Companies have announced temporary layoffs of a total of around 100,000 workers, according to figures from the ministry of employment, as the novel coronavirus crisis upends businesses across Finland.
If the public health emergency doesn’t improve or worsens, that figure could be much higher, according to the chief economist of the Federation of Finnish Enterprises, Mika Kuismanen.
"It is difficult to estimate, but if the corona-crisis escalates and prolongs it is not impossible that the numbers will double," Kuismanen said.
'Peak yet to come'
Normally, the number of employees who enter co-determination talks with employers is larger than the actual number of employees who are laid off.
However, in times when just about every aspect of life is affected by repercussions from the coronavirus outbreak, the number of workers called to redundancy talks may be much closer to the actual number of layoffs.
For the past two weeks businesses have increasingly and more frequently announced temporary layoffs and closures. Around 17,000 workers were laid off in February while 19,500 lost jobs in January, according to the ministry.
The CEO of Finland’s Chamber of Commerce, Juho Romakkaniemi, said that unfortunately, the peak of layoff announcements is yet to come.
He said that many companies have been trying to delay layoffs until the last minute, but that he expects a large number will be announced in coming weeks.
Survey: Half of firms said layoffs on the cards
The chamber said last week that one-quarter of 4,000 companies that responded to its survey had already started redundancy talks. More than half of those firms estimated that they would start temporary - or permanent - layoffs, while one-third of the companies said they were in danger of bankruptcy.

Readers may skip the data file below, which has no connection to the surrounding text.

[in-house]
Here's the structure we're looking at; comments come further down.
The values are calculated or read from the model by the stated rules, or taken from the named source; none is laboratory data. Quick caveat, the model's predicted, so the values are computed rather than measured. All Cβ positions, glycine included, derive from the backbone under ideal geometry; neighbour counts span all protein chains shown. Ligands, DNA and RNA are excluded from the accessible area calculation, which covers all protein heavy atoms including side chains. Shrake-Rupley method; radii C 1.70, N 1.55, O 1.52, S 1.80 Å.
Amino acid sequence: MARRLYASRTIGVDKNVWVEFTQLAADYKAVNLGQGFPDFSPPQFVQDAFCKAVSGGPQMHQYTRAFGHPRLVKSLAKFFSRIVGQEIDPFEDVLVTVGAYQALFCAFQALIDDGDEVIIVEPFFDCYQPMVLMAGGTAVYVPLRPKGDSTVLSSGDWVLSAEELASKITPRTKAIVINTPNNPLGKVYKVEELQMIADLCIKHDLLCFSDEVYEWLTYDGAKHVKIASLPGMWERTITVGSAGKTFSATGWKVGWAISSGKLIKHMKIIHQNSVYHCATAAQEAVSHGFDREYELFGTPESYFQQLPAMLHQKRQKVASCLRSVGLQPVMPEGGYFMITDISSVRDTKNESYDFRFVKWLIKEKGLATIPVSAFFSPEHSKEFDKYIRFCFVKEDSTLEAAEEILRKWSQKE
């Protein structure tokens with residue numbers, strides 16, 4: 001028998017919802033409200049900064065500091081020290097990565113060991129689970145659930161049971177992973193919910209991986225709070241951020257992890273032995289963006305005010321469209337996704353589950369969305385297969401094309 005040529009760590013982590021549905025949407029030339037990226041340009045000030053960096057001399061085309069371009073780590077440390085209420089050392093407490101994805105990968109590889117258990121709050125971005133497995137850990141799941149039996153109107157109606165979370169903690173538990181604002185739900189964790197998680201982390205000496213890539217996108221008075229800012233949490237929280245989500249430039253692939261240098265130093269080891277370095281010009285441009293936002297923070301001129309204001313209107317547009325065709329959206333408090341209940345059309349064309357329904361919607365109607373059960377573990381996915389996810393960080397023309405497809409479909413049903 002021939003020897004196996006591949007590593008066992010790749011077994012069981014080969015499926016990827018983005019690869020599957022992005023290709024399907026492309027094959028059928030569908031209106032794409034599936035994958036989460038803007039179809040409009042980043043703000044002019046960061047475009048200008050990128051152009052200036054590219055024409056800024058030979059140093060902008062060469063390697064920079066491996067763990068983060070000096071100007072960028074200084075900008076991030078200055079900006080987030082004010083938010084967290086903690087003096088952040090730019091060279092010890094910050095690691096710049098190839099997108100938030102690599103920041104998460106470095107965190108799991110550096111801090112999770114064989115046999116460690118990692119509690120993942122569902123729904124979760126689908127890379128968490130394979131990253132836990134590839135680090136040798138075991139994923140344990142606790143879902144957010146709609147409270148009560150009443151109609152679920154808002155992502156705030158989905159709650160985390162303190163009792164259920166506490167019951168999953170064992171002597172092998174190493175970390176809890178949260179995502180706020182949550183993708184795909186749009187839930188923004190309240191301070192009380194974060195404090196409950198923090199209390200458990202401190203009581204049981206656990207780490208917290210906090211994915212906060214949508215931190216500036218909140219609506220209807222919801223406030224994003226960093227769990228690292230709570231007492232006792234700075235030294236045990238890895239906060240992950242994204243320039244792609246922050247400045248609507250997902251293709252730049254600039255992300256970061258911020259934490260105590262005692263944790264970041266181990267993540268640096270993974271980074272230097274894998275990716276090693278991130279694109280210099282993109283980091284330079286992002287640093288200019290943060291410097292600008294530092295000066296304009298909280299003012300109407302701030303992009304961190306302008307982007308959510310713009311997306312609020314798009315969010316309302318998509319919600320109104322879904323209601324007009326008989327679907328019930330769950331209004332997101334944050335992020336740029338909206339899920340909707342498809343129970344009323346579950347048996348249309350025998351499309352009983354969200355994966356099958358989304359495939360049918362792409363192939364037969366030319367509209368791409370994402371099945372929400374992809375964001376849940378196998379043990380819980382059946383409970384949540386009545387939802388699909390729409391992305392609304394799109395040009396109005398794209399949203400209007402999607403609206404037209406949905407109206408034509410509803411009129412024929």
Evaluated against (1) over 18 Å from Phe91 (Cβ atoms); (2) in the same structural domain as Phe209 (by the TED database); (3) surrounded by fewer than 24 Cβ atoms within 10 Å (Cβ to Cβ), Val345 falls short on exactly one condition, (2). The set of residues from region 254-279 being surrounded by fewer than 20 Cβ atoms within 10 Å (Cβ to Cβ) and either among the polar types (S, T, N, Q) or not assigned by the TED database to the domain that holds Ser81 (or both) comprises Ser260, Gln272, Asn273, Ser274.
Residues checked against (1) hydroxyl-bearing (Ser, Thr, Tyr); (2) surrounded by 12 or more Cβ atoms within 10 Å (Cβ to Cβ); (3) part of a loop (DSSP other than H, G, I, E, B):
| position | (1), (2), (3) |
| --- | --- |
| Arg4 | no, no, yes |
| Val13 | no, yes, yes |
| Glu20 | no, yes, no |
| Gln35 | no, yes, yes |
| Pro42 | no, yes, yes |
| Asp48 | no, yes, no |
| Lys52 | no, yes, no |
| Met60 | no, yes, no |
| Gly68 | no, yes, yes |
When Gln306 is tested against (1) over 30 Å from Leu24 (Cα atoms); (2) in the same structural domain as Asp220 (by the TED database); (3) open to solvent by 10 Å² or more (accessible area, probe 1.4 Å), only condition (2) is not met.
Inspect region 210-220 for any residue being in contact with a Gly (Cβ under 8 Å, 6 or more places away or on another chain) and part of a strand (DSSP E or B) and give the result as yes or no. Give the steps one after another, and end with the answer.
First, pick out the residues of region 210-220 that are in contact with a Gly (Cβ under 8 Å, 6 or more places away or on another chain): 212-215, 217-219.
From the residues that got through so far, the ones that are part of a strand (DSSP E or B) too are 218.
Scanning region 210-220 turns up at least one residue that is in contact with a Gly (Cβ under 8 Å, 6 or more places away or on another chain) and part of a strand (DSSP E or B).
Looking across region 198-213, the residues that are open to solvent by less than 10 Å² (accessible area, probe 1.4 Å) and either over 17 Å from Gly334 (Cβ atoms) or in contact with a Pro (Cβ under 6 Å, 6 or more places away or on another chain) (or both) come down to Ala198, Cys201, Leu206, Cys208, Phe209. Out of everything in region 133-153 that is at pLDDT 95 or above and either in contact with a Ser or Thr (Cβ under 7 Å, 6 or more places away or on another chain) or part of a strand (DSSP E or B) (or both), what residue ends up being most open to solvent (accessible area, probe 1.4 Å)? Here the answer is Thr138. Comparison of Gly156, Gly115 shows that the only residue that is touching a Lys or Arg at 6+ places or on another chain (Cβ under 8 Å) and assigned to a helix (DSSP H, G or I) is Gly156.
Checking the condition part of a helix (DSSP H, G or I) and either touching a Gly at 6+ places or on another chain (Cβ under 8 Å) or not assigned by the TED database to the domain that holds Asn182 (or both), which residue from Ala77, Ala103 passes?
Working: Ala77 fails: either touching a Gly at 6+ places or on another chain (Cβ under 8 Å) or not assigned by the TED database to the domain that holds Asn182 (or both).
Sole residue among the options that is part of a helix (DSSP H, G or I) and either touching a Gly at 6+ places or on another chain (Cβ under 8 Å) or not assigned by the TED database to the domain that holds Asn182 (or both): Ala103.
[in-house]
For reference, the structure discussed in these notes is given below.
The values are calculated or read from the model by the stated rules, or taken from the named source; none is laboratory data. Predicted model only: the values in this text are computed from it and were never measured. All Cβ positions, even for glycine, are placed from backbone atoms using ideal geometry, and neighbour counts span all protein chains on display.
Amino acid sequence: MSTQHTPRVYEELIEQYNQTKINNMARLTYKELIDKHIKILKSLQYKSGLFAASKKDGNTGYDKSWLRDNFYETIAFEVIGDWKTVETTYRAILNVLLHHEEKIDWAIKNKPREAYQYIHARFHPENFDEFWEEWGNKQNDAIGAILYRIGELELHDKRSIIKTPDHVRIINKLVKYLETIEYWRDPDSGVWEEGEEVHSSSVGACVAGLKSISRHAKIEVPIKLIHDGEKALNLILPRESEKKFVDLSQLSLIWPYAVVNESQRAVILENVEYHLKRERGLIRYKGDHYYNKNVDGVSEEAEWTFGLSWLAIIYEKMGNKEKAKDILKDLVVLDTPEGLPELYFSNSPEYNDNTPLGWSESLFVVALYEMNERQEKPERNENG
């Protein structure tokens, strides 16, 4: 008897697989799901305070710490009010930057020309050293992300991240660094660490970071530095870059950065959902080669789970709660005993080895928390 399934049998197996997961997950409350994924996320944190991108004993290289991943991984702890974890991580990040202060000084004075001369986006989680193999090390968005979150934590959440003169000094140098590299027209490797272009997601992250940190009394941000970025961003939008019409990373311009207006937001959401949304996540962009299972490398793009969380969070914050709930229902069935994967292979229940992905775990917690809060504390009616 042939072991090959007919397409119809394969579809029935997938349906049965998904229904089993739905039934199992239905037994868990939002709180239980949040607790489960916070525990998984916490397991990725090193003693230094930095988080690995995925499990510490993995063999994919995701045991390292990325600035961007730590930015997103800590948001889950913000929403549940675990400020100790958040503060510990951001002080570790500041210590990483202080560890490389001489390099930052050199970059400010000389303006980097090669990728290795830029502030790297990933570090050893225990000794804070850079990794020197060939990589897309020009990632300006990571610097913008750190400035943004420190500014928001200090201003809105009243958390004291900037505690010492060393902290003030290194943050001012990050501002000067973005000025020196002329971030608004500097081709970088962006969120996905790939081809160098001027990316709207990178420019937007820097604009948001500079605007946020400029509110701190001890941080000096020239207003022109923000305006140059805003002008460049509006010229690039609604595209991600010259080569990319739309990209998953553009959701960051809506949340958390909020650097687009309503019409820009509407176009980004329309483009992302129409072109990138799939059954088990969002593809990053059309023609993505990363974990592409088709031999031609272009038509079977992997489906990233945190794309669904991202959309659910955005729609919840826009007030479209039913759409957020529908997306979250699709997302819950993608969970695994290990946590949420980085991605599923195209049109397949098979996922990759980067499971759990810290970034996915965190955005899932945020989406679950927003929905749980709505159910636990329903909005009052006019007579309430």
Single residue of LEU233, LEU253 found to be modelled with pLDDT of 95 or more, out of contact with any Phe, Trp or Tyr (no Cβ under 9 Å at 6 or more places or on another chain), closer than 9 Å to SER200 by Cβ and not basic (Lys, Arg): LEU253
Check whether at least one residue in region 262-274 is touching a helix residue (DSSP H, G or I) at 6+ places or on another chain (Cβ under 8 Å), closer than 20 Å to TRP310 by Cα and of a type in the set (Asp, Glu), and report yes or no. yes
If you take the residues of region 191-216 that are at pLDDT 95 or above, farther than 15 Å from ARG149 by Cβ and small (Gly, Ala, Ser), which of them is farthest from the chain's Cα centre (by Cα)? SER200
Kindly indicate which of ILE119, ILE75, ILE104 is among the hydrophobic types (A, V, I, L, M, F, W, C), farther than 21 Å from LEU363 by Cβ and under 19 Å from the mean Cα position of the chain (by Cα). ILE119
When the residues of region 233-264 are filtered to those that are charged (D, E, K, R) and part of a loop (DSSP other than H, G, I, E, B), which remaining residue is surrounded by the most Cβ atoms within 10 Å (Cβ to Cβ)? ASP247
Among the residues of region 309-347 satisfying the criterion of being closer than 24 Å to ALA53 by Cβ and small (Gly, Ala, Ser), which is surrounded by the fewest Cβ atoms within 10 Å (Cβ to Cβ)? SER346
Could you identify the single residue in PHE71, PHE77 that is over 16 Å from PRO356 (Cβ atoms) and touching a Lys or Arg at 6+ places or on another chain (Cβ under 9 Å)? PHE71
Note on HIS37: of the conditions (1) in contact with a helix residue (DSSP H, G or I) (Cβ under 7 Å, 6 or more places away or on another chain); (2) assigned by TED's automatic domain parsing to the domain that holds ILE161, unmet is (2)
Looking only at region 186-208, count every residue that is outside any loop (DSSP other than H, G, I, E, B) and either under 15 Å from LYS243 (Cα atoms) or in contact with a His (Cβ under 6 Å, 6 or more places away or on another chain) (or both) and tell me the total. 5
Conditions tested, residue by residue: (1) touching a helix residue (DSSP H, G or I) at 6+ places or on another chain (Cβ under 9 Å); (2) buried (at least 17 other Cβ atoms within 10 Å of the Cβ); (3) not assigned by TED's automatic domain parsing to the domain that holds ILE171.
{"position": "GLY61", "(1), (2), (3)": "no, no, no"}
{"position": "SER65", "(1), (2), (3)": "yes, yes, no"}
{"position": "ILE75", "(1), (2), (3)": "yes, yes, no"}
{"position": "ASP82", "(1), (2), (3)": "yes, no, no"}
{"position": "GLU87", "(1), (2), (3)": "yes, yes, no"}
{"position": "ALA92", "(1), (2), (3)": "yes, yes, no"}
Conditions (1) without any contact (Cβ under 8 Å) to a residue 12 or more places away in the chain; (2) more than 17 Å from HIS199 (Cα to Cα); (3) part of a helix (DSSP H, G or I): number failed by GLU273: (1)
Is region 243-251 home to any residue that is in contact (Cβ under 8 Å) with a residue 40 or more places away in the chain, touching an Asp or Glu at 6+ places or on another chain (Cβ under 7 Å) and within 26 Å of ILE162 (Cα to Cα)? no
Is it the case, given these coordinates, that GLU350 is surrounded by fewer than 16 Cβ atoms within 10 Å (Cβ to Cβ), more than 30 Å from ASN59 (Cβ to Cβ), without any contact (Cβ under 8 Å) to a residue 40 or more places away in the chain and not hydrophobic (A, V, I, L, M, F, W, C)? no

The epidemic has effectively emptied restaurants and hotels. And the service sector in general has felt the impact of the crisis, particularly tourism and recreation sectors.
"Just a couple weeks ago we had very healthy companies that are now heading into a cash crisis," said Tatu Rauhamäki, director of industrial policy at Service Sector Employers Palta, the representative group for service sector businesses.
Palta’s own survey of service sector firms found that ten percent of companies had already laid off workers due to the coronavirus crisis. Meanwhile about 60 percent of the companies said it was likely that they will eventually be forced to lay off or dismiss staff.
Five day negotiations
The complex legal procedures involved in laying off employees in Finland have been relaxed for a three month period due to the crisis, following an agreement reached between government and labour market organisations.
Redundancy and layoff negotiations typically take weeks to complete, but the durations of both kinds of talks have been shortened to five days of discussion.
Companies with fewer than 20 employees are not bound by such restrictions.
Romakkaniemi said the shortened negotiation time could help to slow down the flow of layoffs, noting that there is no longer a need for businesses to announce layoff plans far in advance. Firms can therefore more easily monitor cash flows and their ability to stay afloat day-by-day.
Meanwhile Palta’s Rauhamäki praised the government’s support to suffering businesses but also noted shortcomings.
He said if Finland wants to avoid layoffs, it would be important for the government to provide direct wage subsidies for laid-off workers as some Nordic countries have announced.